UNIX alike systems like Linux or MacOS do not run any executable files just because they have a specific extension. To make a file directly executable it needs to have the executable-bit set (
chmod +x file) which will not be done done automatically when saving the attachment.
Still, there are many kinds of files which desktop environment on top of Linux (and other OS) like GNOME, KDE,... will automatically open. This is for one based on the file extension similar to what Windows does, i.e. *.doc files will be opened with some office suite, *.pdf with a PDF-Viewer etc. If the extension is missing then most desktop environments will look at the "magic" of the files, i.e. use libmagic to determine the kind of file and open it in the appropriate application. On MacOS there is also an additional mechanisms where the file type and application is includes as attributes (fork) in addition to the file but these information are usually lost when transferring a file through mail (although some archiving programs preserve these attributes).
But, it will NOT automatically mark downloaded files executable and run them. It will also not directly execute shell-script, Perl-Scripts, Python-Scripts etc which don't have the execute-bit explicitly set.
It is though possible that you've downloaded an archive and extracted it. Specific kind of archive formats (like Tar, usually with extensions like *.tar, *.tgz and similar) will include file permissions like the executable bit and these will be usually preserved when extracting the archive. In this case no additional setting of the executable bit is needed and a program could be directly executed.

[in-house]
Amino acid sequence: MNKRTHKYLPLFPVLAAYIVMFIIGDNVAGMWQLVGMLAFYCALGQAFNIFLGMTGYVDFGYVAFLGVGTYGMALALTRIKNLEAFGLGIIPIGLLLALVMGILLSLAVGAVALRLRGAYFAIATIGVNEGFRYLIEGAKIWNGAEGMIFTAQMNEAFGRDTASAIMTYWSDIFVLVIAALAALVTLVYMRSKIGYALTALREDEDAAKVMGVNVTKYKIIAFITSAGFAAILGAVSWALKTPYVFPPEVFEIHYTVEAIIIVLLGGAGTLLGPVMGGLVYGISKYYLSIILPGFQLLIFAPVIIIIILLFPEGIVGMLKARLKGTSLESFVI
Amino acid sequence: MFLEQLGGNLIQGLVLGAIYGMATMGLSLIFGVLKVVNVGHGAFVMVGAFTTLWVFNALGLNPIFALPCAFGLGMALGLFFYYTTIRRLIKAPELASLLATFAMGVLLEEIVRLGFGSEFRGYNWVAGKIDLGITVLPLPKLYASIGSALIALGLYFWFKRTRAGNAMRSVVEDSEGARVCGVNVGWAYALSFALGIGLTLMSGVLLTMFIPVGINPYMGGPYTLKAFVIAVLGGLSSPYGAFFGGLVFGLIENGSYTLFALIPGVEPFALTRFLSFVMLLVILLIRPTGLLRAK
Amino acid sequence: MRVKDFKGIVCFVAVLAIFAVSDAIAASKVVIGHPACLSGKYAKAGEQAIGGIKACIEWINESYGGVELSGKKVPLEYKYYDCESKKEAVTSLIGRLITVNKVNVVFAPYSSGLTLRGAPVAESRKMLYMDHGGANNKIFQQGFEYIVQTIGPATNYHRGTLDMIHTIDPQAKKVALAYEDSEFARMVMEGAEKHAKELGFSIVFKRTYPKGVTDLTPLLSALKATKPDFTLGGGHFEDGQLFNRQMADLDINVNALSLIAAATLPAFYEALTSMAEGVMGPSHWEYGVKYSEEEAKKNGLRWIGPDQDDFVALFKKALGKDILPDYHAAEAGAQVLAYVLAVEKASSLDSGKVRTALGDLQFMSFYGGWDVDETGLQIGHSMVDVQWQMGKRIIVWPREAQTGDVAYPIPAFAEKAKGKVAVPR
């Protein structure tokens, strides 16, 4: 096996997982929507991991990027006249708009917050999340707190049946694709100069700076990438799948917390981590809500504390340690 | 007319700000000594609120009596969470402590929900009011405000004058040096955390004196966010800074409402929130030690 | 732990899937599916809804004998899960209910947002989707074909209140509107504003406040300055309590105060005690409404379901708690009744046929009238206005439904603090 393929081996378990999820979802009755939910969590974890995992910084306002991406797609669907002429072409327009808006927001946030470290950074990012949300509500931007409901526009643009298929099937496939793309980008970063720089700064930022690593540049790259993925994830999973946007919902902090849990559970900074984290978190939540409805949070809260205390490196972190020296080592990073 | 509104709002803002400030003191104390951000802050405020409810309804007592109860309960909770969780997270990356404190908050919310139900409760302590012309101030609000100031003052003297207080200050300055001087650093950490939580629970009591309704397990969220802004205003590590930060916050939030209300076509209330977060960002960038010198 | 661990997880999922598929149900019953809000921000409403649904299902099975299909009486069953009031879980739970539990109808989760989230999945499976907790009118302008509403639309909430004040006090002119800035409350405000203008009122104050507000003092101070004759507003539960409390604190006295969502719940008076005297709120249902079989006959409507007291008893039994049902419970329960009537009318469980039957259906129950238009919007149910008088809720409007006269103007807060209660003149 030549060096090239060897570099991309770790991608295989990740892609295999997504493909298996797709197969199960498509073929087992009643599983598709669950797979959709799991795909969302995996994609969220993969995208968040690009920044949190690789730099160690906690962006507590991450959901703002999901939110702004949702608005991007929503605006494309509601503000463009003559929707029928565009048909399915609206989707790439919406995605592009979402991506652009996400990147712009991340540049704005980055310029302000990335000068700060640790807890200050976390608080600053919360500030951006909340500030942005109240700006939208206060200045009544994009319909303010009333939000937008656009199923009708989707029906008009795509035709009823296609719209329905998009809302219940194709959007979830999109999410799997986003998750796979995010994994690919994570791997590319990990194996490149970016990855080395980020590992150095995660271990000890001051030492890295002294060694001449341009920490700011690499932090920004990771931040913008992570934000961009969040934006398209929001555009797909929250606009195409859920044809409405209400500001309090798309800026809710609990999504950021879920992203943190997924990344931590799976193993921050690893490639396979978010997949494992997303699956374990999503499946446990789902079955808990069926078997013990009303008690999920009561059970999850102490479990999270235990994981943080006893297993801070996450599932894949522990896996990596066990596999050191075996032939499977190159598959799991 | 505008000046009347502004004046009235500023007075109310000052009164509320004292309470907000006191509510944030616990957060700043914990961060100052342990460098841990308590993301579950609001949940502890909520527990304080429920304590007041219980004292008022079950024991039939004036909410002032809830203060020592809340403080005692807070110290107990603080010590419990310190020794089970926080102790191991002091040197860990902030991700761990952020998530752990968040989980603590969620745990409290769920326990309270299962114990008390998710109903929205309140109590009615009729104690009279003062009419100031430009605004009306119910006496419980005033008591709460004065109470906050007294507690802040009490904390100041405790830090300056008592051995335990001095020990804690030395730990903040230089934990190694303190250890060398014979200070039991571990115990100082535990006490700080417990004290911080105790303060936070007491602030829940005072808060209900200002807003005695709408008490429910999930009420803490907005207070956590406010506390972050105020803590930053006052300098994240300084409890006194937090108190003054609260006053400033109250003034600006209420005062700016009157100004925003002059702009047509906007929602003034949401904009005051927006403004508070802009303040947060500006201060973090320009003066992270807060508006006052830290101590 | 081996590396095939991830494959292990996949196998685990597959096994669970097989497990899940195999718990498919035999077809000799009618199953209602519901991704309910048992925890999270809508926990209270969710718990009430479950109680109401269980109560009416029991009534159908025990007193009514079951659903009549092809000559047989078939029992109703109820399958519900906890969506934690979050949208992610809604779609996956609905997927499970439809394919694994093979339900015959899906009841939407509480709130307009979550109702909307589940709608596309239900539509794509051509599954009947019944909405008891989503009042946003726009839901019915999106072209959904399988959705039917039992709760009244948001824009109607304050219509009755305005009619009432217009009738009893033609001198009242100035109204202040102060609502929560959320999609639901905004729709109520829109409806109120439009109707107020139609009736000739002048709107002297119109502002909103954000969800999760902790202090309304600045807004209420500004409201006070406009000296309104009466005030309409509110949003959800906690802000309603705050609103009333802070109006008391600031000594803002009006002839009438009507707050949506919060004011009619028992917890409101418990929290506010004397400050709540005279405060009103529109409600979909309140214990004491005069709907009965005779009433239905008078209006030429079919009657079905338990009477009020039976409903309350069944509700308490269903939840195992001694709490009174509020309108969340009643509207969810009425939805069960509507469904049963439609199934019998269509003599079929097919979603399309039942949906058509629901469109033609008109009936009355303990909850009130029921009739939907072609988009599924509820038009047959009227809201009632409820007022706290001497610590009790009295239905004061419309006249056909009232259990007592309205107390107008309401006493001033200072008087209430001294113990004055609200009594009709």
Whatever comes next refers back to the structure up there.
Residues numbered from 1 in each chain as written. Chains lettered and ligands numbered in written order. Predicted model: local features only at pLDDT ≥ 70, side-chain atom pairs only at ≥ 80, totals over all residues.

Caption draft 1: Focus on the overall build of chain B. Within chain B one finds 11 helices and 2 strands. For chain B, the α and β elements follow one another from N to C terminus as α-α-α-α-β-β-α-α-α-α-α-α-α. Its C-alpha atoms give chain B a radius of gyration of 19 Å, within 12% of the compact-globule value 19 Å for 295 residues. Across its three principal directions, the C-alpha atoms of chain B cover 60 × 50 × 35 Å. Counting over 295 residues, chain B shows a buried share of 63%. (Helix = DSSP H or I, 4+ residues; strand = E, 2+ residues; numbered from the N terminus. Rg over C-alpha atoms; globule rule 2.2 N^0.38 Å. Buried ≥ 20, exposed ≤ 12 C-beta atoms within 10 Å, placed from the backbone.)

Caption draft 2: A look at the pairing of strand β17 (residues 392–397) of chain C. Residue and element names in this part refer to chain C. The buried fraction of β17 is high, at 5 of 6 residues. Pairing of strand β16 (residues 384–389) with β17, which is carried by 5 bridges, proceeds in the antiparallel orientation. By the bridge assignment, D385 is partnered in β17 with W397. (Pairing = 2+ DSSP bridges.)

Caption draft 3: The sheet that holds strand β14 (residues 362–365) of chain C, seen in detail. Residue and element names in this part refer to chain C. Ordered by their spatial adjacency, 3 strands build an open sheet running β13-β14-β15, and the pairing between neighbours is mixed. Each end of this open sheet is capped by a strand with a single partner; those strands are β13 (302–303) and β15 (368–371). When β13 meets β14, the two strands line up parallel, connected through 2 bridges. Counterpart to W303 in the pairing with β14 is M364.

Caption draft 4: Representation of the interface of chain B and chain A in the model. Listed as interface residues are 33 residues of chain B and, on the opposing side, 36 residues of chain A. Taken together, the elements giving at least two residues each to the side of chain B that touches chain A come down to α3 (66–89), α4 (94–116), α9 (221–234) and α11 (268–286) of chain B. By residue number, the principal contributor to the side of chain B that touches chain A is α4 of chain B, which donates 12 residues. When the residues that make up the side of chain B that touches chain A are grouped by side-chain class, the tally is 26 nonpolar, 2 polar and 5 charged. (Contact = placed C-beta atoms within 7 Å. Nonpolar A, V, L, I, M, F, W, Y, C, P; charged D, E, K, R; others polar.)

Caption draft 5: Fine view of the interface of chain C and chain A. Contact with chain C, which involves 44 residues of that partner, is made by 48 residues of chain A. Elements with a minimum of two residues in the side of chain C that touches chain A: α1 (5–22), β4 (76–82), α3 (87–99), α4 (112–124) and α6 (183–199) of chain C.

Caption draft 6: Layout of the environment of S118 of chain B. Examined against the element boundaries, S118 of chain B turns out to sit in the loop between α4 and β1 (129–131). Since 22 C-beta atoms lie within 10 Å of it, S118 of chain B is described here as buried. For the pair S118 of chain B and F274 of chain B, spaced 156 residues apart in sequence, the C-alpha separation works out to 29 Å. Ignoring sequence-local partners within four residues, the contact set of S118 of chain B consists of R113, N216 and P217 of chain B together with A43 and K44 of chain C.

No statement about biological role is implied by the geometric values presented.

Thus, withstanding bugs in PDF viewer, Office application or similar applications which are automatically started when you click on a file and withstanding archives, you are generally more safe in Linux since it will not automatically start programs downloaded from somewhere. On the other hand, applications could set a special attribute to files in Windows to specify that the origin of the file is not trusted, which causes Windows to ask for confirmation before executing the file.
If you still want to filter for executable files in attachments you might use libmagic or the libmagic based tool file to detect the file type. Note that these are only heuristics and detection might in theory return a different type, especially for very similar file types (like all the ZIP based office documents, JAR files, ZIP files..). But given that ELF binaries or files with an explicit interpreter definition on top (i.e.
#!/usr/bin/python) have a clear structure one can rely on these heuristics for these file types.
Apart from that note that recent Windows versions not only use the file extension to determine what to do with the file. If the file has no extension which is associated with an application it will try to detect the file type without extension similar to how it is done in Linux.